I went to crack a beer but found myself nearly out. What the hell, it’s only seven. I could say I did something tonight by going out. I could walk. The microbrewery wasn’t far. I asked my phone what the weather was like. I put my headphones in. The microbrewery was fifteen minutes away by walk. If I skipped the ads, I could get through most of a podcast.
My elevator doesn’t have that trick where, if you hold down the “close door” button, it’ll just keep going to the lobby, skipping all the floors where people have hit the button. I’d heard about this trick on a podcast. I’ve always wanted it to work, but it never does, not in any elevator I’ve tried. A few floors down, someone always joins me. The experiment fails. Before the door fully opens, I pause my podcast. My headphones stay in.
Today, it’s a girl. She’s shrunken. Not small, just trying to not take up space. She’s defensive, worried. She isn’t looking at her phone or listening to anything. She’s looking at herself in the floor-length mirror on the left side of the elevator. I’m on the right, looking at her only a little bit, mostly with my peripherals. She’s wearing a pretty dark red dress, stockings and heels. The heels look a bit chunky and comfortable. She crosses her arms for a moment but then uncrosses them. She checks her hair in the mirror. She’s nervous and maybe cold. I’d be cold. How could you not be cold? You’d be cold in a warm room wearing just that dress.
We reached the lobby and she got out ahead of me. She gave me a polite smile as she left. We were hitting the same exit, so I stayed back and checked my phone to give her distance. It isn’t a race. As I put it away, having looked at nothing but the time that I’d then immediately forgotten, I saw her turning around and heading back into an elevator. Maybe she forgot something, but she looked upset.
I left the building and turned. I smelled cigarette smoke. There was a man leaning near the entranceway. He was lanky and took up space, relaxed, like he owned it. He was the opposite demeanor of that girl. He was looking at his phone, slowly swiping at whatever. As I walked by him, I drank in his features. He was taller than me. His hair was long but tucked behind his ears. He was that sort of tall, dark mysterious sort of thing, a big chin for his features, and strong cheekbones. He looked like he could be a model or an actor, that sort of stupid handsome you can’t buy. The hand that held the phone equipped several rings, all different shades of silver. I could see the hint of a tattoo on his neck, the rest disappearing beneath his jacket collar roll. He caught my attention. How could he not?
His other hand, which held the cigarette, came up to his mouth, and he took a drag. His eyes met mine for a brief moment, likely sensing that I was walking a little too slowly by him, that he was being drunk in. His eyes didn’t communicate annoyance, but recognition. Sure, they told me. Go ahead. I don’t blame you. His eyebrow arched just the smallest amount. I kept it and finally looked away.
Short Story 1
Photo Management 2020
I still take photos with my iphone and camera, and those automatically upload into a Onedrive folder using the Onedrive iPhone app. Once a month, I cull it. I delete photos that aren’t great, and I either delete or move screenshots. You’d be surprised how many things end up in your camera roll just from using your phone normally. That usually leaves me with a small batch of photos for each month. Those photos go into a folder named after the month, and that folder goes into another folder for the year. This lives in Onedrive, and on an external hard drive.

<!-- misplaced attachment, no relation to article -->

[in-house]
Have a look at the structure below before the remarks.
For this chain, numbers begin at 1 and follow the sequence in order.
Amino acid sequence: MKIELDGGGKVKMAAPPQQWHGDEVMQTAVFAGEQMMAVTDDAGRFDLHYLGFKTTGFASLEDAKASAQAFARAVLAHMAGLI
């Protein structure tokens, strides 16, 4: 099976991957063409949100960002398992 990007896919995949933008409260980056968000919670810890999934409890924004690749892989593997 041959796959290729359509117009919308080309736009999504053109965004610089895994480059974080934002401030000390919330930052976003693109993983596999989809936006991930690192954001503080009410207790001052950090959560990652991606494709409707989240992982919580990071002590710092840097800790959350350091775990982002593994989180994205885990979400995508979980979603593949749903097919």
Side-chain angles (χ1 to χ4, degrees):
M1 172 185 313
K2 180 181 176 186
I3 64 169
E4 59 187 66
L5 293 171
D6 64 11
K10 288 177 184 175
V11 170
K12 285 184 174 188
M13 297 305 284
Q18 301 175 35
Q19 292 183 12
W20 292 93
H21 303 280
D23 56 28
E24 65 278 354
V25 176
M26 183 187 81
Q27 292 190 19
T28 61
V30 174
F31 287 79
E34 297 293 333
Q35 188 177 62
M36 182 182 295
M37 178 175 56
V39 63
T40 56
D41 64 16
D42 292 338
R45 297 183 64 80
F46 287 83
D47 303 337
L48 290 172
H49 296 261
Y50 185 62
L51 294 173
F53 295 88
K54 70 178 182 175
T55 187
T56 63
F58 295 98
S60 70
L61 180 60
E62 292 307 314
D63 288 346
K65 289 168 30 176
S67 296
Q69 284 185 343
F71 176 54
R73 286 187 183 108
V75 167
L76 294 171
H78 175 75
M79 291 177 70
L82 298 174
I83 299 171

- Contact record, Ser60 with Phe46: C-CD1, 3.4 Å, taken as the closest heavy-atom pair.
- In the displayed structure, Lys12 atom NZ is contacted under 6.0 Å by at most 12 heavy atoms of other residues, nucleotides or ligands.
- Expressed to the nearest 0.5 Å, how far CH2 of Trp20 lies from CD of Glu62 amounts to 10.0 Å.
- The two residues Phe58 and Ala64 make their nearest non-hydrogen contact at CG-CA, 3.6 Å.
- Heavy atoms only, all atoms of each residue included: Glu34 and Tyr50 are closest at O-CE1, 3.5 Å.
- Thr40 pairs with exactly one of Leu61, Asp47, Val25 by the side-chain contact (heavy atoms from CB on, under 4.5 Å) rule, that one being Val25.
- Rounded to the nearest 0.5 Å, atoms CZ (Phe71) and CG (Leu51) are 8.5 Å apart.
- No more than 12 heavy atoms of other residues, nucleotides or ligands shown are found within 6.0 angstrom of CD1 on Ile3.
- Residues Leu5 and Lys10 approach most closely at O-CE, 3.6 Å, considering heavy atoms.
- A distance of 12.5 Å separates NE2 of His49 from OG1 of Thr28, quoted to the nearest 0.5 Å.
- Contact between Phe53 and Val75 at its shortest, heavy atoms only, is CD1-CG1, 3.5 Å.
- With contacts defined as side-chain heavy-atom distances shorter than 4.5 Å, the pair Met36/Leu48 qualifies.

Sometimes I think I’m behind on backups, but I almost never am. I’ve been doing this routine for over ten years and it works. I set a reminder for the first of the month, and I take the hour.
I don’t exactly remember where I picked up the habit and I don’t know exactly when I began, but I have month folders going back to 2008. It’s not unlike this video — How to Remember Your Life - YouTube. That’s actually a much more professional and poetic look at the process.
But once I’ve taken and then culled and organized the photos, what the hell do I do with them? Up until recently, I didn’t have a great answer for this. Onedrive and/or the Windows Photos app is only okay at holding optional metadata, like faces and captions. And Onedrive has an “on this day” feature, but I found it super random and not well programmed. It would lift photos from anywhere in my onedrive, which includes all sorts of image styles from work projects. Not terribly useful.
Essentially, photo sharing happens through apps, which means it happens through my iPhone. Instagram still doesn’t super work on Windows (hacks abound, though), so the phone still has to be the place where a photo you own becomes a photo someone else can see.
iCloud and the built-in Photos app should probably be where my photos are. But I don’t want to just keep my photos on my iPhone. Enter iCloud Drive for Windows. It now has the same year/month folder setup Onedrive has. It acts as a third backup point, but more importantly, it fills the Photo app and populates it with actionable stuff. It’ll show me featured photos, auto-create events, and let me search by person.
So now, once a month, I delete the unorganized photos from iCloud Drive, then add back in the month folder. This does two things: keep organizational parity everywhere, and eliminate “live” photos, which are okay for when you take them but somewhat useless years later.
If you have an iPhone and haven’t used a widget yet, try out the Photos widget. Once an hour or so, it’ll show you a new photo. It doesn’t feel like a big deal but it is. It was one of the nicest things about a Windows Phone and now it’s one of the nicest parts of an iPhone.
Cura, November 3, 2020
Note: The playlist embedded above will always be the most recent playlist and might not match the list below.
Cura is my weekly-ish mixtape. You can listen to it and subscribe here. If you like to listen to music with ads, Youtube is your friend. I keep it as one playlist so it’s easy to subscribe to. I update it fairly frequently, but I also keep an archive playlist on Spotify so you don’t have to miss a thing.
I hope you like it. I made it for you.
Here’s this week’s lyric poem:
I put a spell on you, Because you’re mine. So, shush, shut your mouth. I’m not listening anyhow. I can’t make this house a home. I don’t want to make you hate me. Isn’t it so funny, How beautiful you are When you’re walking out the door. I befriended all my enemies. They had my back against the wall. And loving is hard, it don’t always work. You just try your best not to get hurt. And how could I ever think that it was meant to be. And how could I ever think that anything was made for me? Keep it slow. Oh, I know, know, know, know. Let me go. But never let me go. Spinning through the town, Sooner or later, the fever ends.